Tomorrow, I’ll be on a panel with some smart people—Russ Bergeron, Bob Hale, and Merri Jo Cowen—at Inman Connect in San Francisco to offer “a candid look at the technological, legal and business issues that need to be addressed to update outdated practices and remove some of the limitations facing MLS users and vendors today.” (Inman session schedule.) I think FBS’s Spark Platform could move us quickly to overcoming some of these issues, if FBS’s industry partners—the MLSs—can overcome one likely set of obstacles.
I’ll do four posts on the Spark Platform. This first post provides an overview of how I understand the Spark Platform will work. The second and third posts will discuss how the Spark Platform can solve legal and technical problems for the “MLS app store” concept. The fourth post discusses an obstacle that the Spark Platform itself cannot overcome, one that MLS boards and executives will have to tackle.
Overview of Spark Platform
In principle, the Spark Platform is simple:
- FBS operates the Spark Platform.
- A product or service provider (PoSP) signs up with Spark Platform. FBS refers to PoSPs as “Developers.” The relationship between FBS and PoSP is governed by an agreement between them.
- MLSs sign up with the Spark Platform.
- The Spark Platform provides standardized data to participating PoSPs subject to MLS access and display policies.
- Any subscriber of any participating MLS can buy any product or service of any participating PoSP.
- The Spark Platform collects payments from subscribers. PoSPs receive 70% and the remaining 30% is split between the MLS and FBS.
This simple view overlooks much complexity, but we’ll deal with some of that in later posts. Why might this approach be a “very big deal,” according to Brian Boero’s take or a “game changer,” according to Greg Robertson’s take? Brian and Greg summarize some of the reasons. I’ll offer my own summary here.
For PoSPs, there are at least four benefits of the Spark approach. First, the Spark Platform means being able to reach 250,000 real estate agents and brokers while working with only one data interface, the standardized Spark API (see FBS’s overview). Deploying your product in a new MLS should be very easy from a technical standpoint. Second, the Spark API includes standardized means of describing MLS policies with regard to data display, on IDX sites, for example. Think of it as a kind of data standard for MLS policies. This leads to another benefit: the PoSP receives a description of MLS display policies for 120 different MLSs in one standardized format through the Spark API. Why does this matter? Well, in our experience, many MLSs (even some of our clients) do not know their own MLS policies very well, and that means they are not very good at communicating them to IDX vendors and the like. Many of the issues and disputes that arise between MLSs and PoSPs are the result of miscommunications. The Spark API offers a chance to clear many of these miscommunications up quickly.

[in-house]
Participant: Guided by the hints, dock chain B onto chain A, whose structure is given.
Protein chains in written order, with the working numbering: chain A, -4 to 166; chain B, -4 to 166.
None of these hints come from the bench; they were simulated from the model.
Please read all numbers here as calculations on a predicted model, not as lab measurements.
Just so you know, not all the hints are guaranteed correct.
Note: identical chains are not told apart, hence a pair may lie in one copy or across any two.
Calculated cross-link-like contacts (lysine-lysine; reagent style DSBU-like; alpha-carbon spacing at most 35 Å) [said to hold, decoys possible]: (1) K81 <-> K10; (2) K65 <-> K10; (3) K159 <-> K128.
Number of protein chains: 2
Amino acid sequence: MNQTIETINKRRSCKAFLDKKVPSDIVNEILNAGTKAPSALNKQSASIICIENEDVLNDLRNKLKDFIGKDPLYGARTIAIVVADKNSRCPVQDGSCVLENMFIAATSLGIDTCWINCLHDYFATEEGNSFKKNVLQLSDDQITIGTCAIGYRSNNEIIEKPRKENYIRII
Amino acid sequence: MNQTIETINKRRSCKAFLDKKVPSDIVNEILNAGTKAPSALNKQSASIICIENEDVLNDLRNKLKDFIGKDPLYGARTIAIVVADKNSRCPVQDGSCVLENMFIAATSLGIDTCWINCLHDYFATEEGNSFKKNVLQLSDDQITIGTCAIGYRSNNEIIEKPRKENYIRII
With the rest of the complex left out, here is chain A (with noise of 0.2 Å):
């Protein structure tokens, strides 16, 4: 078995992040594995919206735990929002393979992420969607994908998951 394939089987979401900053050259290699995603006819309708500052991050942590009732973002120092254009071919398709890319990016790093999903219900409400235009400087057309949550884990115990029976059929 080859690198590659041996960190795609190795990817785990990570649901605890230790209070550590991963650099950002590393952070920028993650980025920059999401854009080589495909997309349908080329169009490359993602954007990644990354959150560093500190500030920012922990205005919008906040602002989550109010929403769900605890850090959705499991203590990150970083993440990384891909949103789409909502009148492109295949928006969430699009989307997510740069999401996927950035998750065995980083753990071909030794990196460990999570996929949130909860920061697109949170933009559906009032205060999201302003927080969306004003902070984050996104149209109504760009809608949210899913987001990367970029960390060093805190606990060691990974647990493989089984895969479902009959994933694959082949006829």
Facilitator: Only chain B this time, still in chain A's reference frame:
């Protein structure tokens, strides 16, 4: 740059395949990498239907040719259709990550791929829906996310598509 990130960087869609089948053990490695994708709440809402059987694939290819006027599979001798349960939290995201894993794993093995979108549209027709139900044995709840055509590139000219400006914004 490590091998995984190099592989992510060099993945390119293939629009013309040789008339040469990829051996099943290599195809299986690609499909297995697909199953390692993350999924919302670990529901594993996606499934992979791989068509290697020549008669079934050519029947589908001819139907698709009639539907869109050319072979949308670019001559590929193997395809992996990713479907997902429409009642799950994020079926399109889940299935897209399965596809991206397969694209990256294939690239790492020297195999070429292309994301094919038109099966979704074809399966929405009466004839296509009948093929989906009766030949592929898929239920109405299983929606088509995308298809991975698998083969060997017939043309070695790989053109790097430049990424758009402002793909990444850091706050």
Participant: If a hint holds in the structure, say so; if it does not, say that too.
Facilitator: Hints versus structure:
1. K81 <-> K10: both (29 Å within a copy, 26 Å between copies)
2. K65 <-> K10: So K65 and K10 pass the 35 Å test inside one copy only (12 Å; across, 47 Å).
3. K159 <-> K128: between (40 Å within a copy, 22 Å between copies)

Third, the Spark Platform includes payment processing services. FBS collects payments form service subscribers, deals with “collections,” credit card processing, and remitting payments to PoSPs. It also deals with cutting off services for non-payment. Fourth, the Spark Bar (described in more detail here) puts the Spark Store and the PoSP’s application conspicuously on every page of the MLS system, without being obtrusive. We all know that brokers/agents don’t like to learn new interfaces, and once they do, they often forget to keep going back to them. But you can almost always count on them using the MLS system itself, and the Spark Bar will be there to remind them to buy and use PoSP products; it will also allow the PoSP to provide notifications to the subscriber any time she is logged on to the MLS.
For the MLS, the Spark Platform means more access to more innovative products and services. Even very large MLSs face challenges attracting and integrating new services from third-party PoSPs. Spark “automates” that process for them. For smaller MLSs (which many of FBS’s MLS customers are), Spark may be the only way for them to get third parties to work with them; most developers do not want to spend weeks of development time and loads of money to deploy in an MLS with only 300 subscribers. The MLS also benefits from the ability to describe its display policies through the API; this means that the MLS can set the policies up once and not have to explain them with every new PoSP. Finally, the MLSs stand to benefit from the revenues generated by sales of products and services through Spark.
Broker and agent benefits
For the brokers and agents, the Spark Platform potentially means vastly more product and service options. Because there is a single standardized marketplace for these products in the Spark Store, brokers and agents can compare products on features and price in a way that is difficult if not impossible now. What’s more, the ability of brokers and agents to rate and comment on products in the Spark Store means that they can buy products with a greater level of confidence that the products will meet their needs.
But for the Spark Platform, or anything like it, to work, it will need to build three very important frameworks: for law, technology, and business culture. I believe that FBS has succeeded or shortly will succeed in the first two of these, but the third may prove difficult.
The next three posts address each framework in turn.
P.S. Though our law and consulting firms don’t to work for Spark’s creator, FBS, I’m biased toward proposals coming from FBS’s CEO Mike Wurzer. I think he’s a smart and honorable guy. I therefore likely suffer a little “confirmation bias” when it comes to evaluating his project. Consequently, I’m counting on readers here to post ideas about why Spark might or might not work. That’s not as important on this post as it will be on the next three, but please speak up.